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Revision as of 10:52, 2 February 2021
The fourth retreat of Dr. Linden while he was a guest teacher at the Aspen Institute, USA, took place in Klotz, Austria. After his retirement from the Aspen school, Dr. Linden decided to teach a one-week retreat in Klotz. The intention of the retreat was to assist Dr. Linden renew his energies for a new phase of research and teaching work. One of the topics he wanted to address during the retreat were: How can we grow as teachers? What exactly does being a few really mean for us?
On Feb. 22, before leaving for the escape, Dr. Linden gave an Aspen Institute Q&A session, in which he answered questions about his book, The Power of Positive Thinking. In this discussion, he said that among the keys to teaching is to be true to oneself, and that he had developed a specific model of what it means to be true to oneself, that is known as the"short retreat in Klotz". In retreat in kl , there's not any expectation of any thing, except that your energy is really powerful! This may be accomplished through quite simple acts of gratitude, which attract greater waves of energy in your life.
At the beginning of the retreat, on Feb. 14, Dr. Linden presented a short DVD that dealt with the subject of the day. It was a strong demonstration of what it means to be a teacher and finished with the Aspen Institute stating that Dr. Linden would be joining them for the next year, teaching and spreading his teaching method throughout the Aspen community. He also presented his most recent book, entitled, The Power of Positive Thinking. (It is available for download on the website.)
The next week, on Feb. 22, our dear friend, Dr. Linden, gave another seminar at the Aspen Institute on the exact same subject as his previous one, and again, an exceptional talk. During his talk he mentioned that he was going to be participating in the Transpac gloriad and also mentioned that he had received the certification for the previous month and was really feeling really good about it. He then mentioned that he had prepared some notes on his laptop with this seminar. All of us know that Dr. Linden lives at a world renowned retreat in Ketchum, Idaho, and is surrounded by very wealthy folks who could not care less about how he believes. The only people who really matter to him are those who live at the opposite end of the country, where he spends more time each year.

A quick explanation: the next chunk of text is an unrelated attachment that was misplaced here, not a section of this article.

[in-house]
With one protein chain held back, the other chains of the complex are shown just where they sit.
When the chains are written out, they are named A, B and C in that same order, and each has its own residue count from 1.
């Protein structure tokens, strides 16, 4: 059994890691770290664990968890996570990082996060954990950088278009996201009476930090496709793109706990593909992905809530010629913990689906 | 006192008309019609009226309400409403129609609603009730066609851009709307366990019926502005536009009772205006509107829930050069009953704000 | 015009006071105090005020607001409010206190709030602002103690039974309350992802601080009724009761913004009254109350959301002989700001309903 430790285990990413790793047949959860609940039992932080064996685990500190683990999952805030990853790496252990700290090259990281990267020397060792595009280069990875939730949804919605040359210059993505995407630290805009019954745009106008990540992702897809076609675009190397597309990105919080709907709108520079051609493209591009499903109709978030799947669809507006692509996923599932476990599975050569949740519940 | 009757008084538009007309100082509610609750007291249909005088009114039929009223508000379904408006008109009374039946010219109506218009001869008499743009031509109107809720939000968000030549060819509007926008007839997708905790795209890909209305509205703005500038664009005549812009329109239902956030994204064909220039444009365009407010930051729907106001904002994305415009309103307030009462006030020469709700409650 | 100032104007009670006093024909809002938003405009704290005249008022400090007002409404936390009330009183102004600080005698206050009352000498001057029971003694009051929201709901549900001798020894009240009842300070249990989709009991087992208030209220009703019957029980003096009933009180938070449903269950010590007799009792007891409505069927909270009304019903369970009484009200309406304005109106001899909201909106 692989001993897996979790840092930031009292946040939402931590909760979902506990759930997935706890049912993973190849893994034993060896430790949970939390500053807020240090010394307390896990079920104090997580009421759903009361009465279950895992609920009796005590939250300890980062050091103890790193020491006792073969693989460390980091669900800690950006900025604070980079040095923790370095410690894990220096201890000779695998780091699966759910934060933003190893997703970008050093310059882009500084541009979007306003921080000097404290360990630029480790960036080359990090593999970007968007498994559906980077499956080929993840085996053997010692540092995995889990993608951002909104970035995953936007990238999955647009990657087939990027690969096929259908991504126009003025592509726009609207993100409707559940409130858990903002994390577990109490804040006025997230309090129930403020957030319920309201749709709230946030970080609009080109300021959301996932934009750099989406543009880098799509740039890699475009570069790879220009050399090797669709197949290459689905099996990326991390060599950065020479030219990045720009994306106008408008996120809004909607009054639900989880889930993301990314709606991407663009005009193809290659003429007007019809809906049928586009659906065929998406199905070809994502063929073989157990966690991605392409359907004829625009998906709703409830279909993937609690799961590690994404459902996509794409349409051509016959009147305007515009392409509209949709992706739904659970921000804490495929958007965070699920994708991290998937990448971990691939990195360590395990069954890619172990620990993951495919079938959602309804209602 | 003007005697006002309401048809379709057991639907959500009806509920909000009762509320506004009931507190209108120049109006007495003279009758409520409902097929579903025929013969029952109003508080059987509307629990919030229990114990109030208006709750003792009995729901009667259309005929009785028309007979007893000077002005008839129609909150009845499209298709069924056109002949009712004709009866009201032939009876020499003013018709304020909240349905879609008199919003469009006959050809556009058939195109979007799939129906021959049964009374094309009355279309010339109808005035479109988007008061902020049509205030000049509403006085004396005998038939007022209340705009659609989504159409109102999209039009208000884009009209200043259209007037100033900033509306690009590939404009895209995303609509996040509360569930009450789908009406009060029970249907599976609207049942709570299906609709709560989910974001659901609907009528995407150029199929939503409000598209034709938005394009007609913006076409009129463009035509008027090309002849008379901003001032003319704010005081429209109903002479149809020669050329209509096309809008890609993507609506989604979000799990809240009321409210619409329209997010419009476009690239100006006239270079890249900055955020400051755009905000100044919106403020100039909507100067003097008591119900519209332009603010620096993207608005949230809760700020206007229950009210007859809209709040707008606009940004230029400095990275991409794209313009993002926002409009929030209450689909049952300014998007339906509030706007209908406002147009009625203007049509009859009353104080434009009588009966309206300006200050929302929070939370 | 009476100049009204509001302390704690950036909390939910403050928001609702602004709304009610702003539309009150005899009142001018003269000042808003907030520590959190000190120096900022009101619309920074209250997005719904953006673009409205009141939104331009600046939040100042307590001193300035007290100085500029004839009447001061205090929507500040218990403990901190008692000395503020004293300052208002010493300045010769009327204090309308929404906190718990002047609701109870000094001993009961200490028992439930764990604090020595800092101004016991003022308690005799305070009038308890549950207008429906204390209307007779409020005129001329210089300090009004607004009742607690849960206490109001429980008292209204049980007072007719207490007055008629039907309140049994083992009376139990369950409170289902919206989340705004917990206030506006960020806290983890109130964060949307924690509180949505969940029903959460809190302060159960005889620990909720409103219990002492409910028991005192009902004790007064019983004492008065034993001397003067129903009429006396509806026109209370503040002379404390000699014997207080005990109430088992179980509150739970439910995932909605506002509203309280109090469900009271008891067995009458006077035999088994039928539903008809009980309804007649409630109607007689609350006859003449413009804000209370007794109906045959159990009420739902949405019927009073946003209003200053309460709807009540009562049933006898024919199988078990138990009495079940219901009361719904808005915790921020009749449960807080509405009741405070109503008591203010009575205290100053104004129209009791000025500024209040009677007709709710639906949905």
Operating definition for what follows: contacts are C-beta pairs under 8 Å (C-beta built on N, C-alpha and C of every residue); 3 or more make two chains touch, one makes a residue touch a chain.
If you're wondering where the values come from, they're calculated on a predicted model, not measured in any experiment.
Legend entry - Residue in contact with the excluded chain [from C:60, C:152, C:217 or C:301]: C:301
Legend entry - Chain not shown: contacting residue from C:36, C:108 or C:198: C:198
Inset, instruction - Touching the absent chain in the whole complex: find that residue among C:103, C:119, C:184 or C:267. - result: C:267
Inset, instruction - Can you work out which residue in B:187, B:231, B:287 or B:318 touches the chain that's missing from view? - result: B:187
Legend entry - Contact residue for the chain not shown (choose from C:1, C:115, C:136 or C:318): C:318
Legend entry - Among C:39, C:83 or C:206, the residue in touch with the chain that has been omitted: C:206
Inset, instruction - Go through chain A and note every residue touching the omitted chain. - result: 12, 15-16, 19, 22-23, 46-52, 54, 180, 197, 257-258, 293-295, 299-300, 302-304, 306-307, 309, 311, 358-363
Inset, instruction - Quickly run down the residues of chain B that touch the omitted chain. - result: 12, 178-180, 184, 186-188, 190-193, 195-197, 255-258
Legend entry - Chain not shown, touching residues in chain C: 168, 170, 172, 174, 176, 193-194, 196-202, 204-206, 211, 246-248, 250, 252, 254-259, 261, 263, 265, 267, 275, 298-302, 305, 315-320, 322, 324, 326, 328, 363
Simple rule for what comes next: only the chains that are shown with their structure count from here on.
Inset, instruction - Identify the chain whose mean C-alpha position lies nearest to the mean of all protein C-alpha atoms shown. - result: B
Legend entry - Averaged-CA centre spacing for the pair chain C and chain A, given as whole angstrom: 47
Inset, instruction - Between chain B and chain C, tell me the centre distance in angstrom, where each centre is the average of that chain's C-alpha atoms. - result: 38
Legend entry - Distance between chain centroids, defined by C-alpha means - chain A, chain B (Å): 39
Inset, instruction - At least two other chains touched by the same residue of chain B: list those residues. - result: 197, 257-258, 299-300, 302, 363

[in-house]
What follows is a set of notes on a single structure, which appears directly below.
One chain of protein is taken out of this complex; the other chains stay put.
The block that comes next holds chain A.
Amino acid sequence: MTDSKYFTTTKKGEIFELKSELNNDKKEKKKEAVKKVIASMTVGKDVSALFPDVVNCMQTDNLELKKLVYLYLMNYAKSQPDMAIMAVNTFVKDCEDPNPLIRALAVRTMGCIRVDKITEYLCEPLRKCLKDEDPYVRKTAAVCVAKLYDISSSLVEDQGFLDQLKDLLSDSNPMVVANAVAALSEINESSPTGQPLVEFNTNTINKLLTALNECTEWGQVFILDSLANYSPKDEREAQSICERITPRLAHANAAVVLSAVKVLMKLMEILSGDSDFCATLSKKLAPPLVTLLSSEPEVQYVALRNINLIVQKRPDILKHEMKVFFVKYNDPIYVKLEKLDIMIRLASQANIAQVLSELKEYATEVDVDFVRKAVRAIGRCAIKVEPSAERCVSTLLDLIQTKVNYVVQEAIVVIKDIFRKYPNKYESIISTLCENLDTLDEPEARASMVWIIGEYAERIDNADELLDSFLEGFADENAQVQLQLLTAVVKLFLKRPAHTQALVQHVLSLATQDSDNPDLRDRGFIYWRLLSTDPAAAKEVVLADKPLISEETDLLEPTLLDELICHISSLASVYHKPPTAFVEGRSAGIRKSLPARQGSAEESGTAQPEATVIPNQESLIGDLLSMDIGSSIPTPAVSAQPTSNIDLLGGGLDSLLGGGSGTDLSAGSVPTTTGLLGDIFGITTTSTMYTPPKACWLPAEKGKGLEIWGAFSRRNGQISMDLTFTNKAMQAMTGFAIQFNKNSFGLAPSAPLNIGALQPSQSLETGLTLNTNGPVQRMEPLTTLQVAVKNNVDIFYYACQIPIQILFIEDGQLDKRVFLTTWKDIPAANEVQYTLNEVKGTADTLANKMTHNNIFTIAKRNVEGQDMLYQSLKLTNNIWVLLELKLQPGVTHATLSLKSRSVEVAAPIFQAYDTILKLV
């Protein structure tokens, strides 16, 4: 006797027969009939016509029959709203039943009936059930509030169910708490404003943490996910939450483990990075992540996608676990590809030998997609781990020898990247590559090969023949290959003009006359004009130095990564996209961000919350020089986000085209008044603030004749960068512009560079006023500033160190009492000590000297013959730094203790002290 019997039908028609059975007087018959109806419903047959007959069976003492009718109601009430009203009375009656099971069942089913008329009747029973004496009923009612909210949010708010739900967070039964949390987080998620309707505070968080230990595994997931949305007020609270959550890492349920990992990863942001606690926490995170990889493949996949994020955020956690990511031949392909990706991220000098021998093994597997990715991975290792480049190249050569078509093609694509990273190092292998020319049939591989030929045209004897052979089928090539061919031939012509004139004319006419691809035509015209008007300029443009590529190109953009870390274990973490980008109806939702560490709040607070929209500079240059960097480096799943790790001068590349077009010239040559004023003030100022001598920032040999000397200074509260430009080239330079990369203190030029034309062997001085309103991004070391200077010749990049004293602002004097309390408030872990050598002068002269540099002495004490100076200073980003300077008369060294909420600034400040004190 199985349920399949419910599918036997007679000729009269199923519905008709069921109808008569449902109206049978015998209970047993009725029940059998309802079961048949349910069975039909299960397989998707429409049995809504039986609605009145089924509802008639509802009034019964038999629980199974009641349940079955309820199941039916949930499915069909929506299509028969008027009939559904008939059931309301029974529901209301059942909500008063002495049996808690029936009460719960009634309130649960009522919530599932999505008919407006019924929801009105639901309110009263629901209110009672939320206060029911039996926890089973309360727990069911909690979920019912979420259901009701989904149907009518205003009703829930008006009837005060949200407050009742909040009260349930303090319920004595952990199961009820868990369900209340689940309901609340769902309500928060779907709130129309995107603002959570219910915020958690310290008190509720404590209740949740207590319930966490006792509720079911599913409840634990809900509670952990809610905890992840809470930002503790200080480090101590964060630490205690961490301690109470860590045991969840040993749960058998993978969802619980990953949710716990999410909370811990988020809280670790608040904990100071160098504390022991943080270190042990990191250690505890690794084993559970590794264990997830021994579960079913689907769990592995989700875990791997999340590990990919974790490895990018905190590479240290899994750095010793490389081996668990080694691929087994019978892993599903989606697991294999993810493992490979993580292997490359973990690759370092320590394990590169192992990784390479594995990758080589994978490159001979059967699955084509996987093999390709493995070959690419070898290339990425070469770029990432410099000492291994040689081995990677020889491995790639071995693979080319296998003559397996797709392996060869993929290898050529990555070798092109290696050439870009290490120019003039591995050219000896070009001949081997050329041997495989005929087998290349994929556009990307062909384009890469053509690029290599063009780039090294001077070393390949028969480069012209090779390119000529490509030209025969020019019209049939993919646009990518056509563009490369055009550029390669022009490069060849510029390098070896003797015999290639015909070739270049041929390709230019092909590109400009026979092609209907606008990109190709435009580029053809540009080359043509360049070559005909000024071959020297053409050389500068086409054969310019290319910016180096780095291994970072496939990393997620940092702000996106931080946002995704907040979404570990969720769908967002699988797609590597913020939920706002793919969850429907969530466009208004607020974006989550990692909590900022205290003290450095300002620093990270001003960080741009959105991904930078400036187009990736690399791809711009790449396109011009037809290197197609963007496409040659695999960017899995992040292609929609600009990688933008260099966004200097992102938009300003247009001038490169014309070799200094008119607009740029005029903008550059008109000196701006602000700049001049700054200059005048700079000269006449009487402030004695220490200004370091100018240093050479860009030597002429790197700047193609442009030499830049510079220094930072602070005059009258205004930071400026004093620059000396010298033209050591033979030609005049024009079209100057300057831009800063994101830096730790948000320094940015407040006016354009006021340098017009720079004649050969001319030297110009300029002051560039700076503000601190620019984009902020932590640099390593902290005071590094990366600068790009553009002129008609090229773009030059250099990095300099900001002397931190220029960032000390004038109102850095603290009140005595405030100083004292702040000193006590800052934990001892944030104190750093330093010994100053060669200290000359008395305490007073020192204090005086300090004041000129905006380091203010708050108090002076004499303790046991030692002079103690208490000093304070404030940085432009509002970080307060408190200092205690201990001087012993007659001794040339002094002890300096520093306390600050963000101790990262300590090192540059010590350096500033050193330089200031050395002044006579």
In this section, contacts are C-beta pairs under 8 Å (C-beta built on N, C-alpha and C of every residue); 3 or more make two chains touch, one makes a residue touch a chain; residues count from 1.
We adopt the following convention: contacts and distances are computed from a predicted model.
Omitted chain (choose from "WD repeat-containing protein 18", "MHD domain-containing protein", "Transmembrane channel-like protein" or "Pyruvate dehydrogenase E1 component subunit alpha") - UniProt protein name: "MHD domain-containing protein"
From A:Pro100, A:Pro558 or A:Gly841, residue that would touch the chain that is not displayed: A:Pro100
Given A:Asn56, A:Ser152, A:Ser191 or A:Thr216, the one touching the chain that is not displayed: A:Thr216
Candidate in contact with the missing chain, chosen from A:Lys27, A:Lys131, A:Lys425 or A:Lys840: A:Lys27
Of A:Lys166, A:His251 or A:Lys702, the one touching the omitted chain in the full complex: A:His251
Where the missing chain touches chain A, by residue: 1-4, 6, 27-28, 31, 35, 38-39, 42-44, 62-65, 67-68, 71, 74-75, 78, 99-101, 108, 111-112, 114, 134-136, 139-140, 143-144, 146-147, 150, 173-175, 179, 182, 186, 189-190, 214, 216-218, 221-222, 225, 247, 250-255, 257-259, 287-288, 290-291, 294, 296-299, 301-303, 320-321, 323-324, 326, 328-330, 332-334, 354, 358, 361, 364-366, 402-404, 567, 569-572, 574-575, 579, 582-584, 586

He talked at length about the power of positive thinking and mentioned that it's a excellent model of behavior for spreading and teaching. friends gathering mentioned that a number of our corporate leaders seem to have abandoned the phrase"team-building," and that they are afraid to use it since it has been co-opted by selfish, egocentric, leaders who do not care about building teams, or the empowerment that it brings. I can understand this, but I also don't think it is a terrible thing. In actuality, I think leadership, and using team-building actions in the workforce, is absolutely vital to creating leaders. Our business was founded on the simple premise that we were to be treated with dignity and respect, and that their achievement was the key to the perpetuation of America's greatness. It is insufficient to just treat people nicely today, or even to do a great job, if we want our company to grow and accomplish greater heights in its prestige.
Many executives and leaders seem to have forgotten that. If you look back over the last ten years or so, you will see that most have abandoned the term, or at the very least, they've used it sparingly. One interesting example is that of Bob Iger, the current CEO of Disney. He recently gave a speech for an audience in India in which he talked about how using a hotel package to attend a conference in India was a good idea. But he didn't use the phrase"overnight extra-curricular actions."
I find this problematic because I feel this is among the most important advantages of overnight travel and retreats. The reason is that it allows people to experience a different culture and prognosis at work. Imagine being able to visit a corporate team-building retreat in India and to see first hand the dedication and creativity of its employees. I also envision that such an experience could help to create a new generation of leaders that are open and honest with their followers, and who value teamwork and the value of forming relationships. And most of all, this kind of opportunity would allow for true professional growth by giving individuals a chance to experience a completely different work environment.
I would submit to you that Bob is correct, and you should try to use overnight business day trips to foster growth. But if you are not able to utilize the opportunities that present themselves to benefit your business, your attempts will just be a waste of time. And we all know that time is money! So you really do have to be certain that you give the best opportunities to your people so that you can grow your business. After all, that's what leadership is all about.